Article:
Submit Zines + Artbooks to the Chester Newsstand!

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Photo from the chesternewsies Instagram

Ever been stuck waiting for the subway and wished you had a place to browse your favorite zines, artbooks and indie mags, eat locally-sourced snacks and ogle cute crafts? Look no further – the Chester Newsstand (at the TTC Chester Station in Toronto) is open to serve all your needs!

The brainchild of Toronto artist Jess Dobkin, the newsstand – once vacant  - has been repurposed into a cute little pop-up and art venue. When we went to visit the newsstand last Friday, Dobkin and co-worker Mo were happily chatting up friends and passers-by, answering questions and selling snacks, mags and other goodies. You can buy everything from copies of Elisha Lim’s “Life and Times of Butch Dykes” series to delicious cookies with TTC icing patterns to little buttons that read “Print is Dead/Long Live Print.” In the corner, a woman was stretching out a drop sheet and paints for an evening art opening at the newsstand.

This is a gamechanging thing for Toronto and other cities in Canada! But the proprietors need your help to keep going. Consider swinging by the kiosk and buying something to support its existence, and consider submitting your zines and artbooks to be sold! Email for more info!

Calls for Submissions



Call for Submissions: Body Positive Zine Issue 3 and the No Means Yes, Right? Street Harassment Issue 2 zine.

Currently accepting submissions for both of these awesome feminist zines! Deadline is August 1 but earlier is better. Check out this neat picture above for more details, and send submissions to


Call for Submissions: Crooked Fagazine Issue 5
t’s time to start putting together the fifth instalment of the sleaziest scumdump fag-rag to ever splatter bad taste across the globe, which means you’ve got to roll up those sleeves, work up that elbow grease and pull out some intimate writing from deep inside of you. Deadline May 31.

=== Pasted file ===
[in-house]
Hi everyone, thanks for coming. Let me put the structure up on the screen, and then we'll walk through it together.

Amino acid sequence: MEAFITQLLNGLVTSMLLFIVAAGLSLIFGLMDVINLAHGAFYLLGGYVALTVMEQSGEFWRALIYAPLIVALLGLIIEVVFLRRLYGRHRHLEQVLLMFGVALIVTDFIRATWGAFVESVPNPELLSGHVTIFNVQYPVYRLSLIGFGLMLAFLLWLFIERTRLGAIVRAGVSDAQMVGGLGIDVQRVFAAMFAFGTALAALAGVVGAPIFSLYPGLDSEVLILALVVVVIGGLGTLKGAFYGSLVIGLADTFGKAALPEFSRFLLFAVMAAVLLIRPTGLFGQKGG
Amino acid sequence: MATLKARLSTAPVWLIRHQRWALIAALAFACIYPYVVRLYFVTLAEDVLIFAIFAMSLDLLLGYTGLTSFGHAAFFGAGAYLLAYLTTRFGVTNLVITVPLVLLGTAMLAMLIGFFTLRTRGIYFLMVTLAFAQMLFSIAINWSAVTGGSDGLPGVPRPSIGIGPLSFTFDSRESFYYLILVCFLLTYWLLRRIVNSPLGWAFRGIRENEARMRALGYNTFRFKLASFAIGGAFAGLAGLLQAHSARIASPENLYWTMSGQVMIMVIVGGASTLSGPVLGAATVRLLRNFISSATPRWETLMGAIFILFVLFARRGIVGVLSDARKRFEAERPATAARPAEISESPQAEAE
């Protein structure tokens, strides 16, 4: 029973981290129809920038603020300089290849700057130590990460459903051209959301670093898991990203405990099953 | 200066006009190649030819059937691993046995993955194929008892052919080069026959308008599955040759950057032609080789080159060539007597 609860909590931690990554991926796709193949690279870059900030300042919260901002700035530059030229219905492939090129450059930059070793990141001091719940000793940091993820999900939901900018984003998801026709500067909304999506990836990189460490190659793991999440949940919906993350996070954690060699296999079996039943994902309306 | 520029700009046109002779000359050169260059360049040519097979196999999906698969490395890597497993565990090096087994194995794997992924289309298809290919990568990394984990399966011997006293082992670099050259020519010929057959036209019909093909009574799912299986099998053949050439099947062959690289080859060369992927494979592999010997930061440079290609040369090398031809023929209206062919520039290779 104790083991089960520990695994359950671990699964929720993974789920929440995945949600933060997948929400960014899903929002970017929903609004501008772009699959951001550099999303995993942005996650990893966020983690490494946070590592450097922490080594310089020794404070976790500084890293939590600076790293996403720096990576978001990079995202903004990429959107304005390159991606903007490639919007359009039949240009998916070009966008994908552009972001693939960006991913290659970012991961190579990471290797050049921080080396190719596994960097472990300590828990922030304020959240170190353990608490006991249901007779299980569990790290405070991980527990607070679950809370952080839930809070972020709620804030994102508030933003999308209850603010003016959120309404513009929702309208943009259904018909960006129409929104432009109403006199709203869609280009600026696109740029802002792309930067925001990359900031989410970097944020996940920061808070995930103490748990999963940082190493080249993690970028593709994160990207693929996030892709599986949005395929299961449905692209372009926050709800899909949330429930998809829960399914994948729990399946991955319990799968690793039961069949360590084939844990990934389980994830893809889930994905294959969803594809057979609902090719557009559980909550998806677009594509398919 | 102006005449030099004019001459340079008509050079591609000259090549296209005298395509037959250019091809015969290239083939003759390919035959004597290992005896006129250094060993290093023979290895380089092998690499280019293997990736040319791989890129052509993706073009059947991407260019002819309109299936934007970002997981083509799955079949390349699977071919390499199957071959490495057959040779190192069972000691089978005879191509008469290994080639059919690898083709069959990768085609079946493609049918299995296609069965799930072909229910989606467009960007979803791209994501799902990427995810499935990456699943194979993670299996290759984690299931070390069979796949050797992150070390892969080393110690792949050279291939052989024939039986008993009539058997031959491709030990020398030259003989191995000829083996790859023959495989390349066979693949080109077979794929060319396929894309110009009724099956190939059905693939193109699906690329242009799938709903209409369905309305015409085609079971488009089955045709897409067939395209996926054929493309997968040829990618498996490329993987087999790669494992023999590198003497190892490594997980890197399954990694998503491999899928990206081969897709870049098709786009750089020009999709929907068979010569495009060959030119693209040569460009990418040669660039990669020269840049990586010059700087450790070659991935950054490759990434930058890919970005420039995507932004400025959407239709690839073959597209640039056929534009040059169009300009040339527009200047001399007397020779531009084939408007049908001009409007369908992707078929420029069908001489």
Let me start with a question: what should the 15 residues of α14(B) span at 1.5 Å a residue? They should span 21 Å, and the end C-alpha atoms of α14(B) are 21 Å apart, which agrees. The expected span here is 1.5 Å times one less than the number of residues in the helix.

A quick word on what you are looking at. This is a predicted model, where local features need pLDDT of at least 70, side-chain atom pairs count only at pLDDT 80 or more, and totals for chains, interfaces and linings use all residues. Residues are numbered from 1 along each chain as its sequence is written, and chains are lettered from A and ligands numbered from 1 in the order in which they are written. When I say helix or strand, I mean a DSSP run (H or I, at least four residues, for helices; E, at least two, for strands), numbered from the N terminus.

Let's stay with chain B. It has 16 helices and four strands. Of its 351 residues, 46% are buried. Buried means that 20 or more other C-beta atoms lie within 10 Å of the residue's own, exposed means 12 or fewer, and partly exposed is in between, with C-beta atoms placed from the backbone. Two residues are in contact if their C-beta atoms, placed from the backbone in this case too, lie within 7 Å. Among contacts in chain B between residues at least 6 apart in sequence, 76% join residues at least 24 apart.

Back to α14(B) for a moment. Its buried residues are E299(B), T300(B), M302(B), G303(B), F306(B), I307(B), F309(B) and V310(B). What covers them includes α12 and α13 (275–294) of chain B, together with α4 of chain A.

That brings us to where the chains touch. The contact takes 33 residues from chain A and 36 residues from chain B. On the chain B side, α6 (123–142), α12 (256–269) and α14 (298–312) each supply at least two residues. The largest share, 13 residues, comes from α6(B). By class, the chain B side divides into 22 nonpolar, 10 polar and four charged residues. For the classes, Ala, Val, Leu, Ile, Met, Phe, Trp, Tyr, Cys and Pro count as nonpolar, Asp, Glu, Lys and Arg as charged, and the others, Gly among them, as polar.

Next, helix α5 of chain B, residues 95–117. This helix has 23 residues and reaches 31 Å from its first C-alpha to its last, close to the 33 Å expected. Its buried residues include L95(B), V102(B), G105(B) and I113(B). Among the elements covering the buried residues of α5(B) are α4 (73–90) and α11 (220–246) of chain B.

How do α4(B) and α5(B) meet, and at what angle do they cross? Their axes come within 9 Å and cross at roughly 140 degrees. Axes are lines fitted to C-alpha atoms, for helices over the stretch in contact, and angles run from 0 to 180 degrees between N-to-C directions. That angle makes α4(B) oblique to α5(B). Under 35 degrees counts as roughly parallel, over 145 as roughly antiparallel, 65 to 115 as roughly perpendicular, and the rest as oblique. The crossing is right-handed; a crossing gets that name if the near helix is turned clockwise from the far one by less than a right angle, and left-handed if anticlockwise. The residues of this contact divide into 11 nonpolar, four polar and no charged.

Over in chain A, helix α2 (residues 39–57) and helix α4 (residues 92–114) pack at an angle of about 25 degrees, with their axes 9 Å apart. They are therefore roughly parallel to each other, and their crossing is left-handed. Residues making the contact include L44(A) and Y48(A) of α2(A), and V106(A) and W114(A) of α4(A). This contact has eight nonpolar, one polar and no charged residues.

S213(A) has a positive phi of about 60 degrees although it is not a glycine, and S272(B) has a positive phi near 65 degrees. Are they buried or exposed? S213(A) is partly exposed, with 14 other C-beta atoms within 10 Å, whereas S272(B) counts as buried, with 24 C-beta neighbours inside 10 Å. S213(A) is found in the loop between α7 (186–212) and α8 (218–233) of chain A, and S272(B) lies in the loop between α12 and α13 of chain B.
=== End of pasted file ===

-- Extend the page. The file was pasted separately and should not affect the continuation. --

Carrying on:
Call for Submissions: Ms. Pac-Man Noir

Ms. Pac-Man as a femme fatale? Obviously. Ms. Pac-Man Noir is a chapbook co-edited by Terri Favro and one of our own fiction editors, A.G. Pasquella. Have you got a noir-style Ms. Pac-man short story or poem handy? Probably, but if not, put one together and send it in to by THIS SUNDAY May 31, 2015. Estimated launch date: Fall 2015. Check out the posting.
Call for Submissions: New Toronto Works

Pleasure Dome is seeking short experimental film/video works, expanded cinema performances and media art installations by Toronto-based artists for the annual New Toronto Works Show.

Works must be produced after January 2014 and be no longer than 15 minutes. To submit please send a weblink of the work, single page synopsis, and artist bio to or send/ drop-off submission preview to:

Zine Review: Static Zine #10

ZINES_Static-Zine-10Jessica Lewis, Aviva Cohen and Melody Lau,, $2

A 10-issue run is something worth cele­brating, and the Static Zine crew does just that in this milestone-themed instal­ment. Three editors and 20 contributors is quite a crowd to wrangle, but Jess Lewis and company manage it, appar­ently having lots of fun along the way, according to the introduction.

Like previous issues of Static, the zine is comprised of single pages by each con­tributor. Featured milestones include tat­toos, memorable vacations, supernatural experiences, overcoming childhood fears and more. Standout pieces include Robb Mirsky’s impeccably-drawn comic “Be­coming A Man” about nervously surviving his bar mitzvah and Lily Pepper’s level-headed mini-essay “Fuck A Milestone; Be A Tender Baby.” Pepper invokes a hard-won and healthy ambivalence toward con­ventional life milestones and the stubborn tenacity supposedly required to achieve them. It is refreshing wisdom to re-con­vince me that the kids are in fact all right.

One milestone bonus: the Static Zine mixtape also returns, with a link in the zine, to songs representing milestones in the authors’ lives. (Joshua Barton)

Zine Review: Skyscrapers All On Fire

ZINES_Skyscrapers-All-On-FireShane Large,, $3

Skyscrapers All on Fire is a cut-and-paste zine that is a bit like a hard copy approx­imation of a sullen teenager with a literate streak screaming against a wall. I know this sounds blunt and catty, but it’s not meant to be pejorative.